We are a British couple, Tiffany Bown and Joe Studwell, who lived with our three children for more than a decade in a beautiful spot in Umbria, near the walled town of Città di Castello, before transferring to the UK in 2011.
A HOUSE IN RURAL UMBRIA
We moved to our haven of peace and tranquillity – with its heart-stopping views over hills of oak forests full of porcini mushrooms, truffles and wild boar – in 2000, after ten wonderful but stressful years of living and working as journalists in China. While in Italy, Joe continued to write, as a journalist and author, while Tiffany moved off in two directions – into the worlds of property restoration and of natural health (as a yoga teacher, naturopath and reflexologist, specializing in fertility).
The 400sqm farm house we had fallen in love with and bought in 1997 was a window-less, door-less stone shell that had been empty for some 35 years (on our first visits, we camped in tents). By the time we moved in in 2000, it had a new roof, stable walls and floors, and even windows, doors and basic utility supplies. But still only one room was habitable. That was our bedroom, bathroom, living room and kitchen for many months.
By 2002, the main renovation was complete and over the following years the house and its large garden became a well-lived-in and much-loved home. Since moving to the UK, we visit the house regularly, but have now decided to sell.
In 2005, we needed some down-town office space, so bought a small apartment within the old-town walls of Città di Castello. We were then among the few foreigners owning town properties in the region. But in recent years, a steadily growing number of individuals — bucking the country-house trend — have been seeking out properties in small historic towns in Umbria and neighbouring Tuscany.
One of the biggest challenges of restoring such apartments is finding a promising unrenovated space, especially if the search is restricted to top-floor properties that offer the full romantic old-town experience, with a characterful interior and a terrace with roof-top views. Much has been spoiled by the misguided ‘modernizations’ of the 1960-70s. Other properties remain shut up by families that are not yet ready to sell. Many get sold off when elderly owners die, but only once their children have wrangled for a few years. Negotiations with these undecided heirs can be tortuous. But, with patience, care and local knowledge, wonders are to be found.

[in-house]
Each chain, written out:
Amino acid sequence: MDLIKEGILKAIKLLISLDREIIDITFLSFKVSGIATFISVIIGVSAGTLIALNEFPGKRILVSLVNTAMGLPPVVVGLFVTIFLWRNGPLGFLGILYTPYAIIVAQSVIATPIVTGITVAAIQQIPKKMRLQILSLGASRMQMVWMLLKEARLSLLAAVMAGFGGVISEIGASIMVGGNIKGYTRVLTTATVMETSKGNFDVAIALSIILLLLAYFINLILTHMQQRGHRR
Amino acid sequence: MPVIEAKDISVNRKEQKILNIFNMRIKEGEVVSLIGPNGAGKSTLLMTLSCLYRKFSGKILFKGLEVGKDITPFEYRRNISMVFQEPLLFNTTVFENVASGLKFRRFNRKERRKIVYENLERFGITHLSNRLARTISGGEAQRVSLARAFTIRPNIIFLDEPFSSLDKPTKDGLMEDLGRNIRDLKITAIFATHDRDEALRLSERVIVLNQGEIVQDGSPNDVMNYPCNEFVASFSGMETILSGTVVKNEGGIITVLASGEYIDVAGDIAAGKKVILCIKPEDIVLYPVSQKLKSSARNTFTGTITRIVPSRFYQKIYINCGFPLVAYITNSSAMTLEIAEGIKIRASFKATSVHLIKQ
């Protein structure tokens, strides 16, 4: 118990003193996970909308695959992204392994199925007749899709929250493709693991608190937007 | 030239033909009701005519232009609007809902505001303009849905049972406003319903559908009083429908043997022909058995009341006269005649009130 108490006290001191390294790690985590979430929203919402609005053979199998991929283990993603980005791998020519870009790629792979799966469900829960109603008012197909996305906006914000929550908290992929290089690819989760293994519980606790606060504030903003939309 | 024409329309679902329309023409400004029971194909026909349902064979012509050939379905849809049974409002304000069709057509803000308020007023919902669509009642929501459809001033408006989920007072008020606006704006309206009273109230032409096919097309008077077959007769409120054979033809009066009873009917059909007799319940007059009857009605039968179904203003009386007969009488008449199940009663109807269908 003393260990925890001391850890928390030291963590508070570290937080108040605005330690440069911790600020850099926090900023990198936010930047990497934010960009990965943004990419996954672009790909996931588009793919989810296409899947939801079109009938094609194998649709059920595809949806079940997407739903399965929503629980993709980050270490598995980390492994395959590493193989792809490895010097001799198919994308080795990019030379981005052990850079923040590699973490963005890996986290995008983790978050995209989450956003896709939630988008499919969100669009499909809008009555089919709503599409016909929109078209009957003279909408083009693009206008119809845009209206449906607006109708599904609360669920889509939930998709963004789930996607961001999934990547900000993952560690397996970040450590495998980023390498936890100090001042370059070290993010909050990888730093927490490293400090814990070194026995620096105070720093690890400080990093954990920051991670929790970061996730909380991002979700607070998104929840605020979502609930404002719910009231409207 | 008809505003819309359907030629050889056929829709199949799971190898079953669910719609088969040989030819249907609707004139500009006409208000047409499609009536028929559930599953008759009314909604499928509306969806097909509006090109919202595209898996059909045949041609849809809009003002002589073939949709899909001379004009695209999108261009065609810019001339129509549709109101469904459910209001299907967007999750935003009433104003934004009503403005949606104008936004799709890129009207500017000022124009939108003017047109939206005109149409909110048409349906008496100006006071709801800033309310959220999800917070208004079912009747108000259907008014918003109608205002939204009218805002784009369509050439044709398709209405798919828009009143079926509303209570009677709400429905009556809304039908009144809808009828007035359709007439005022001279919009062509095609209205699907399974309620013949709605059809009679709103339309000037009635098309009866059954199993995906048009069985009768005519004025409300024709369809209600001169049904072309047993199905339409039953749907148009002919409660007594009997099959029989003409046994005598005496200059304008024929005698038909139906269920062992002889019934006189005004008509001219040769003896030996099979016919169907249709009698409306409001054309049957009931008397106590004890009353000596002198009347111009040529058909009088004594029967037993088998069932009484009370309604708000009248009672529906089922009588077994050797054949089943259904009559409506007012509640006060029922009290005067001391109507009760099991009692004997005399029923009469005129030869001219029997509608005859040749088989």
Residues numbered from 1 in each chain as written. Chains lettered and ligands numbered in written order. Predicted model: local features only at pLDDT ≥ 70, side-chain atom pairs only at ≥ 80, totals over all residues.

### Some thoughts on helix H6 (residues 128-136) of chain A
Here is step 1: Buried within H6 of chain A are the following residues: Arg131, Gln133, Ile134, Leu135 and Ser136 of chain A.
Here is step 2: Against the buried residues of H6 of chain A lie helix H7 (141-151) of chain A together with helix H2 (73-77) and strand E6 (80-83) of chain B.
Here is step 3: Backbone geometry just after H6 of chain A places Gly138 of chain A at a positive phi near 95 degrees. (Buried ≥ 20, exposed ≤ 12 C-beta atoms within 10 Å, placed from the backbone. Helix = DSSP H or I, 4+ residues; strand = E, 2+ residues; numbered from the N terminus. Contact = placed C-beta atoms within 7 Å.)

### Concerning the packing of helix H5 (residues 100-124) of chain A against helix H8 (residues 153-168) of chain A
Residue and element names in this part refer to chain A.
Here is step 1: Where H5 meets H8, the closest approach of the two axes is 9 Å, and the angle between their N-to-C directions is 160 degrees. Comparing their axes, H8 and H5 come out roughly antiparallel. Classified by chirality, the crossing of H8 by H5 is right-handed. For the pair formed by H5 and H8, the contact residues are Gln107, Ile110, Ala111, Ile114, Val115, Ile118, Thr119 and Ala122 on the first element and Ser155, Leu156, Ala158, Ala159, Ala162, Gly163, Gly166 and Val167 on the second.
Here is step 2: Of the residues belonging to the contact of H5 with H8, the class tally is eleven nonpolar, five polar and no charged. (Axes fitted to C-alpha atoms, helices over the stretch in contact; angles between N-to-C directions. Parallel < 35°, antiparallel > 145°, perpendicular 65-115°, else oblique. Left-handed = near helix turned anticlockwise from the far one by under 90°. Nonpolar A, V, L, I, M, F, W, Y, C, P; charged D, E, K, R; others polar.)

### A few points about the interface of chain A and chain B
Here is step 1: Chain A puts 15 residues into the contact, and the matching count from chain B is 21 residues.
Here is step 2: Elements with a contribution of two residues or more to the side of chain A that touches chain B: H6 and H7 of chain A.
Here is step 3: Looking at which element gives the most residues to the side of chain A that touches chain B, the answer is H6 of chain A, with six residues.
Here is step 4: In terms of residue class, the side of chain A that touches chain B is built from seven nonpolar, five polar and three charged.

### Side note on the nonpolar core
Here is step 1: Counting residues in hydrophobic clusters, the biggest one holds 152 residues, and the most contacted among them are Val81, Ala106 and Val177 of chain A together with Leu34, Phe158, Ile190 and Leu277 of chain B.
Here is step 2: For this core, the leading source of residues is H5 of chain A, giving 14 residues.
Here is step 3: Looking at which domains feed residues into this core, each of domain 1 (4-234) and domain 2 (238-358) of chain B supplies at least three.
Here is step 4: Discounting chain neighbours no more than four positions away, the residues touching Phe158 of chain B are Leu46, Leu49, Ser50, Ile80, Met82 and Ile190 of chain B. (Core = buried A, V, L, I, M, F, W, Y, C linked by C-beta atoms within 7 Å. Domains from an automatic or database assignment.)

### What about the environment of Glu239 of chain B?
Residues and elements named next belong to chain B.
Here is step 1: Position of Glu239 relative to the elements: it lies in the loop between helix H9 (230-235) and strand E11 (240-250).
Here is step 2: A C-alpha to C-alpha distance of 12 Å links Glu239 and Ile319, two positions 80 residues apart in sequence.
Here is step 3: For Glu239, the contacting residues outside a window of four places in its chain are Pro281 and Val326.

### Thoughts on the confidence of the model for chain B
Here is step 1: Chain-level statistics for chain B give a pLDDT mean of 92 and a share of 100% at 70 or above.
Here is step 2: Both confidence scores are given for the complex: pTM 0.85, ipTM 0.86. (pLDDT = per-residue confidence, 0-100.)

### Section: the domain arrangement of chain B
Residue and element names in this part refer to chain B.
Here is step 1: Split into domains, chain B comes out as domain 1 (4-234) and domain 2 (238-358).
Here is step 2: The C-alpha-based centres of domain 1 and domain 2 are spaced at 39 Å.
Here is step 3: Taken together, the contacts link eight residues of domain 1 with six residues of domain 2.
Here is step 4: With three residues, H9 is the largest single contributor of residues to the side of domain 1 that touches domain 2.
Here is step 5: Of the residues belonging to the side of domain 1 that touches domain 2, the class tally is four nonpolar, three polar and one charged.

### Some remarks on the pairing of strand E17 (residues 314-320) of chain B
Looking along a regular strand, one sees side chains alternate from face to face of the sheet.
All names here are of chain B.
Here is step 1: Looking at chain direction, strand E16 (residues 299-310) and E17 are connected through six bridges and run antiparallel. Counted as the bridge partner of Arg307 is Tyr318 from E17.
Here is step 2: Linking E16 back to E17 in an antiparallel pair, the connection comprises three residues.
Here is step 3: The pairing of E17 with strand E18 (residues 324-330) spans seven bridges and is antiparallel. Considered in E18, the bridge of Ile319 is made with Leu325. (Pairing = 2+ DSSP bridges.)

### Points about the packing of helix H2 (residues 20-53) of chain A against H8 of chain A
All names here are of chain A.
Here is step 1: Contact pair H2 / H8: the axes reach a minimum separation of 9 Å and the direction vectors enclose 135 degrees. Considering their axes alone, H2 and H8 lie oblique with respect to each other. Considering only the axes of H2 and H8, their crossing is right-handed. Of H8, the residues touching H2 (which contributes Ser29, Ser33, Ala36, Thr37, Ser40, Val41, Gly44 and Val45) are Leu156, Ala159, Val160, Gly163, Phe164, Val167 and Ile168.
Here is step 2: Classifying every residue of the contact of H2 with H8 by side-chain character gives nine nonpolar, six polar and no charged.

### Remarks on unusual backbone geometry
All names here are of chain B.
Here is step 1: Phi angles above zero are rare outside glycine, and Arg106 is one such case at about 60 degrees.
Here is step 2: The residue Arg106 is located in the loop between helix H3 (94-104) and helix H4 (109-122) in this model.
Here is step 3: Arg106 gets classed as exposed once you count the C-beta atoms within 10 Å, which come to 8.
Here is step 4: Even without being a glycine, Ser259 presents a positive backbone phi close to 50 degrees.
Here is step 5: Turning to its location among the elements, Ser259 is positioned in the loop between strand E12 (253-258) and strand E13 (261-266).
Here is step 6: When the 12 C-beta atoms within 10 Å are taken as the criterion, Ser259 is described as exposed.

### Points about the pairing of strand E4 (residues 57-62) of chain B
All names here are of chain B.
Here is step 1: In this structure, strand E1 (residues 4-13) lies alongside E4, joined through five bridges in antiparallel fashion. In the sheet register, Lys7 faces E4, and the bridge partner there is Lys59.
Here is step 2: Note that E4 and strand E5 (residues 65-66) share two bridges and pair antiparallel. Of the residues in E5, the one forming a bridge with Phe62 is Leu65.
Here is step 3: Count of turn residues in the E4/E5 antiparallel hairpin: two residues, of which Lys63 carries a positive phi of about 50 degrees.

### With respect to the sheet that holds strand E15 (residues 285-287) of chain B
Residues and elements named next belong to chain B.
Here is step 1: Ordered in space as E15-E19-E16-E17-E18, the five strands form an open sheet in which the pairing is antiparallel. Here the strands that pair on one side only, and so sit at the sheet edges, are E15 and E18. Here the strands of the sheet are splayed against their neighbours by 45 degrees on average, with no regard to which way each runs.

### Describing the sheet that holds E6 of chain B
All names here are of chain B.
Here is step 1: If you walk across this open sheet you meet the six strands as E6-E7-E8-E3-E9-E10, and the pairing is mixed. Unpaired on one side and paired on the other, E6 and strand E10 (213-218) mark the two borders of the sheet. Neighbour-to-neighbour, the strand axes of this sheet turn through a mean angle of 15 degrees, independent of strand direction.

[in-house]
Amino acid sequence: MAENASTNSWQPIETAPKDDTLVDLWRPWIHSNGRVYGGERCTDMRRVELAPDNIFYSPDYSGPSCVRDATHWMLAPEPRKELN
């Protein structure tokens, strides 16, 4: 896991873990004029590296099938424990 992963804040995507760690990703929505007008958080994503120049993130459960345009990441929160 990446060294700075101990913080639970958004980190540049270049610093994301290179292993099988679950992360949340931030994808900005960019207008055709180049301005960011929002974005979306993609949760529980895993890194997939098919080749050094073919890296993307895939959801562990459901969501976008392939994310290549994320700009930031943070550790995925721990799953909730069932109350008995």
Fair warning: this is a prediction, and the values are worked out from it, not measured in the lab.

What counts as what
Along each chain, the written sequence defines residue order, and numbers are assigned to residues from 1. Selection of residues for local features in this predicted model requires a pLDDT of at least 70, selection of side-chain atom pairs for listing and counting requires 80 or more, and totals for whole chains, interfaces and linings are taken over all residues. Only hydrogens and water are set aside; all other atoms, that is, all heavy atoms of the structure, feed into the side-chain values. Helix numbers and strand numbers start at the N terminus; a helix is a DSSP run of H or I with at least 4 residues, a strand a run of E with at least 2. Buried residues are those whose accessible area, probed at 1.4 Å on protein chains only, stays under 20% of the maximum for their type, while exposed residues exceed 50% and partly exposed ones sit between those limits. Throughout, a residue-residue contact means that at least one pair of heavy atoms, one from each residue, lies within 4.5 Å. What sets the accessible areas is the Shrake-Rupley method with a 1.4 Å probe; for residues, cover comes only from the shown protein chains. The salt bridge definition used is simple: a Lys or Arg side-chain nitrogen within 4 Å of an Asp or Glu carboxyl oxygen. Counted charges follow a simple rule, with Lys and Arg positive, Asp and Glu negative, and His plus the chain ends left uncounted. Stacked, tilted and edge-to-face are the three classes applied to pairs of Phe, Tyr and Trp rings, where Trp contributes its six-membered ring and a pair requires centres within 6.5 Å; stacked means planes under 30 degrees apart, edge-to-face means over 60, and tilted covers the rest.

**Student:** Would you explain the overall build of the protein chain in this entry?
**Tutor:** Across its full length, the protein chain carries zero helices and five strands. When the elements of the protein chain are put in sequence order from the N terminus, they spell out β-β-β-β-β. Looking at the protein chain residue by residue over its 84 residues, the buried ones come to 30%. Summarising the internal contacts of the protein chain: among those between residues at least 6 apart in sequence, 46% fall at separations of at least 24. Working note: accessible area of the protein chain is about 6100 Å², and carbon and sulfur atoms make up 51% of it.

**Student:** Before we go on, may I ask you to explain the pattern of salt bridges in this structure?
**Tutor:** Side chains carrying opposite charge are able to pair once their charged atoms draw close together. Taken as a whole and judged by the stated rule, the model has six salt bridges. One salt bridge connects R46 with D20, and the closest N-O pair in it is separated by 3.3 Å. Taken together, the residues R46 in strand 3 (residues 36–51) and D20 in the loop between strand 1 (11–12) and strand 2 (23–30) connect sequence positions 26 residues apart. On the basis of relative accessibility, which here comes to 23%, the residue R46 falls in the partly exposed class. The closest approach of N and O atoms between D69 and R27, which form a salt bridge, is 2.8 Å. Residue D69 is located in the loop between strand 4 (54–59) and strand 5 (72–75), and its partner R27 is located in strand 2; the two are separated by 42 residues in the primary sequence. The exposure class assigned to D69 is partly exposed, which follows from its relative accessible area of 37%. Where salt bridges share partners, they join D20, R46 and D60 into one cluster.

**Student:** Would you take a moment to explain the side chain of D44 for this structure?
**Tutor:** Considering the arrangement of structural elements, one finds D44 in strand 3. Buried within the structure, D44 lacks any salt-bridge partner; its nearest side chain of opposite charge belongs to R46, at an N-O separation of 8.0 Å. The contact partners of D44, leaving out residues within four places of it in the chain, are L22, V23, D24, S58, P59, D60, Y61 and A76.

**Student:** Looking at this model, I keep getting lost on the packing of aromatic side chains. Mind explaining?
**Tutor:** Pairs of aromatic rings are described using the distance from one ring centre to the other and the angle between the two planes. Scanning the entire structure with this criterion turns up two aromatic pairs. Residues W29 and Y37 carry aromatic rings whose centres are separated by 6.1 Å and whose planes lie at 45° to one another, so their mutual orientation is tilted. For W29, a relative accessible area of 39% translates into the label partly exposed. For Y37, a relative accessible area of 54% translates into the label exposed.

Since 2005, we have bought and restored four such gems, whose character and potential we spotted behind the small, dark and dingy rooms, the low ceilings and narrow corridors, and, in some cases, the sagging and leaking roofs. Each restoration has been a labour of love, focusing on being sympathetic both to the environment and to each property’s character, to create light, modern, energy-efficient apartments that retain oodles of their old-world charm.
We finished our last project in 2010, having knocked down pointless walls and installed a ventilated roof, an internal wrought iron staircase and new electrical, plumbing and energy-saving heating systems, not to mention converting the junk-room attic space into two bedrooms and an extra bathroom. This lovely flat was our family’s pied-a-terre in town, but, with our move to the UK, is now for sale.
A LITTLE HOUSE IN THE WOODS
We also have a beautiful woodland site with the stone remains of a small house in a clearing in the valley below our house in the countryside. The land is for sale with planning and other permissions for the construction of a completely new, ecologically state-of-the-art house.